OCR AS Biology

Revision Notes

1.2.6 Practical: Data loggers & Computer Modelling

Practical: Data loggers & Computer Modelling

Data loggers

  • Dataloggers are a tool that allows for the quick and efficient gathering of data
  • This technology can be used for simple data collection (e.g. breathing rate) or for more complex data collection (e.g. a number of probes monitoring different variables attached to a main computer)
  • The information contained within a datalogger can be inputted into a computer and formatted into a table
  • After this is done the computer is able to calculate the mean, perform statistical tests and plot graphs using the data

Uses of computer modelling

  • Computer modelling can be used to study the theoretical impact on populations from processes such as:
    • Ecological succession / zonation
    • Infectious disease transmission / epidemiolgy
    • Predator-prey relationships
    • Natural selection
    • Genetic drift
  • One of the benefits of these computer programs is that time can be sped up to predict the future outcome of populations and environments

Computer programs and natural selection

  • Computer programs can be used to model the effects of natural selection
    • They usually start off with a simple simulated population, with no particular selection pressures acting upon it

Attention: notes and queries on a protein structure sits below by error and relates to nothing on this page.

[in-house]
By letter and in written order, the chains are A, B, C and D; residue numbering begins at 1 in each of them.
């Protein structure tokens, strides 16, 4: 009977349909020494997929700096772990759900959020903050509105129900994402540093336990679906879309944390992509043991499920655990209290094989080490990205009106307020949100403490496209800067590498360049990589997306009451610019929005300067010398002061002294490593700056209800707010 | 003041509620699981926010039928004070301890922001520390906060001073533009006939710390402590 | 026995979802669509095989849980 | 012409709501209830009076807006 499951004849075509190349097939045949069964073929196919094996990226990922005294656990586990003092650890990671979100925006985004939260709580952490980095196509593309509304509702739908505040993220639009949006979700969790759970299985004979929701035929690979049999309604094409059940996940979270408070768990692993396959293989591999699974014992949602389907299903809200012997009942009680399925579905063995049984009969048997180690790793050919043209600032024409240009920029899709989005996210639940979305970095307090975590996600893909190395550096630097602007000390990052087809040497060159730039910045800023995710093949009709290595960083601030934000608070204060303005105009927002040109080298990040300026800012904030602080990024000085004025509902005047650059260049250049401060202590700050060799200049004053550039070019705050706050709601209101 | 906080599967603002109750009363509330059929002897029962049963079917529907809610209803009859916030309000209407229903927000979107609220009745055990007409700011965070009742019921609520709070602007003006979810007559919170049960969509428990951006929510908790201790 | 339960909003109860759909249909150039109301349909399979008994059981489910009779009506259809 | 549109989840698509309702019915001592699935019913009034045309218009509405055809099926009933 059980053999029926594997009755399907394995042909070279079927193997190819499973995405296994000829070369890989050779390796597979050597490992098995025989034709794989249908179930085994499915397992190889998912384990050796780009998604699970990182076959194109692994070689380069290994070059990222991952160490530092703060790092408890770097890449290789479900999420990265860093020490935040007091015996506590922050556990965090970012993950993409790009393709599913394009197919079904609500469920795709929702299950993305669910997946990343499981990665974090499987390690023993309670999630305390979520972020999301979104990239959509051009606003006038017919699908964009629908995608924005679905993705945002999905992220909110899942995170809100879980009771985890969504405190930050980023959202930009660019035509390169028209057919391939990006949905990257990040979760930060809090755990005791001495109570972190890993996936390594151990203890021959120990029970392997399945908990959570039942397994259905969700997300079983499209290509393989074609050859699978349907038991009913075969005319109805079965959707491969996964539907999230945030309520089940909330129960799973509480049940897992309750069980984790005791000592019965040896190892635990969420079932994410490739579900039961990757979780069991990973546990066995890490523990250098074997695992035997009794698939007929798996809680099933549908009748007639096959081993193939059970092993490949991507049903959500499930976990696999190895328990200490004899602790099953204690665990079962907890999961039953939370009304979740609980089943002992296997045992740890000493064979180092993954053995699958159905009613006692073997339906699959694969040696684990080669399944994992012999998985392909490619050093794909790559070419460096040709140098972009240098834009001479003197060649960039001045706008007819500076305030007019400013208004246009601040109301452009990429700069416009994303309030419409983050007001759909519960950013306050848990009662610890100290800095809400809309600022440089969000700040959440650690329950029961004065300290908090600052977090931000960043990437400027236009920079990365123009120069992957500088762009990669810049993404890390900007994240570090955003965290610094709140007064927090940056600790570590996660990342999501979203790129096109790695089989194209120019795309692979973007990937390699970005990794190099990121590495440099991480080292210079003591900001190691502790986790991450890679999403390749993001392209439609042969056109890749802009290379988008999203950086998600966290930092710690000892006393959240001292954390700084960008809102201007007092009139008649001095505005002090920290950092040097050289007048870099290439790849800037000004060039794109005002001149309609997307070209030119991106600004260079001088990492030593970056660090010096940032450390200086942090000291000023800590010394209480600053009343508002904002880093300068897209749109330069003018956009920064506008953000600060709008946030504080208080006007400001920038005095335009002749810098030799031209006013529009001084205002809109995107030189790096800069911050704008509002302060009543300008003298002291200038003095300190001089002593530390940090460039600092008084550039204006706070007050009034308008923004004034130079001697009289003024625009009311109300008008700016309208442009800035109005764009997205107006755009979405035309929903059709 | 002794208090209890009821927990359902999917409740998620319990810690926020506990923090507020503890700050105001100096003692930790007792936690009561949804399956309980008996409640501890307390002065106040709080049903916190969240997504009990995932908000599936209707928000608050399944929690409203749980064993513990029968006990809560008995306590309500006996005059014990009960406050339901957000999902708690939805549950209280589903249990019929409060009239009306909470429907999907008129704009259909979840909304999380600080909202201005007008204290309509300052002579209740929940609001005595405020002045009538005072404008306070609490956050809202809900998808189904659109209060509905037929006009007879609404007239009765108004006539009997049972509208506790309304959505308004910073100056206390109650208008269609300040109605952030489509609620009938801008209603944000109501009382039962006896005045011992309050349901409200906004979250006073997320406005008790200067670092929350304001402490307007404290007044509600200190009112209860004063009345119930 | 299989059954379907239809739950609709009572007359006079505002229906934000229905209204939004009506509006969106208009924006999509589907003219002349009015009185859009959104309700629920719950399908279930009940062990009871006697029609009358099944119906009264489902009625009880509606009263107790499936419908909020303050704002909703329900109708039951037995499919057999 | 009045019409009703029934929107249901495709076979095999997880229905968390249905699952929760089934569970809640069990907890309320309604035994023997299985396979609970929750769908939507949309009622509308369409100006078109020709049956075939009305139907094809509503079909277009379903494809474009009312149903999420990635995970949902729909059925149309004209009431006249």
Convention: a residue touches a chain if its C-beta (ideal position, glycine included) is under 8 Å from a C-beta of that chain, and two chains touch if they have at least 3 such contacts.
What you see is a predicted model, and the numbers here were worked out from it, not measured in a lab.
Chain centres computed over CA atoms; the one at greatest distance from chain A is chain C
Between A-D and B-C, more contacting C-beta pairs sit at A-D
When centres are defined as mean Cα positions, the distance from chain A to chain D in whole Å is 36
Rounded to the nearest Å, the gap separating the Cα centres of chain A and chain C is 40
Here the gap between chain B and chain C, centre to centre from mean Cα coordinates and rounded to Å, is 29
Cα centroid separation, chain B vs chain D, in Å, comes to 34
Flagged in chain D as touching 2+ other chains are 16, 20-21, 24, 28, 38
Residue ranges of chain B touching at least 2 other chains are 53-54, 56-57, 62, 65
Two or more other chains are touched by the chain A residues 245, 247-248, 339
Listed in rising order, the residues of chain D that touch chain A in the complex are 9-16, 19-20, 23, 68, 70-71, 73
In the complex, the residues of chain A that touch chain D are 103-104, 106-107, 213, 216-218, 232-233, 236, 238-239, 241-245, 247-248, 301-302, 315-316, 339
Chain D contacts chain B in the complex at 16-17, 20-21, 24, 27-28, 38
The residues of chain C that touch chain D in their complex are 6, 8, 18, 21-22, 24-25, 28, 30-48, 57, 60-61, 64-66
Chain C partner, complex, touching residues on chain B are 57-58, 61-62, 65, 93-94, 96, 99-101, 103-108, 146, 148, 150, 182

• Natural selection can then be investigated by changing various factors and observing the effects on the simulated population
  • Examples of factors that can be changed include:
    • The presence or absence of different biotic and abiotic selection pressures (such as predators, disease and food availability)
    • Making new, specifically selected mutations appear in the population
    • Changing the likelihood that a new mutation will appear in the population
    • Switching which alleles are dominant and which are recessive
    • Changing the environment the species is in
    • Changing one or more of the adaptations of the species in the simulated population
  • The effects of these changing factors can be modelled by the program and the probabilities of different outcomes for the simulated population can be calculated
  • One of the benefits of these computer programs is that time can be sped up
    • This means that natural selection, which for many species would normally occur over very long time periods and many many generations, can be modelled and the effects observed in much shorter and more experimentally appropriate timescales

Computer programs and genetic drift

  • When a population is significantly small, chance can affect which alleles get passed onto the next generation
  • Over time some alleles can be lost or favoured purely by chance
  • When there is a gradual change in allele frequencies in a small population due to chance and not natural selection then genetic drift is occurring
  • Computer programs similar to those described above can be used to model genetic drift
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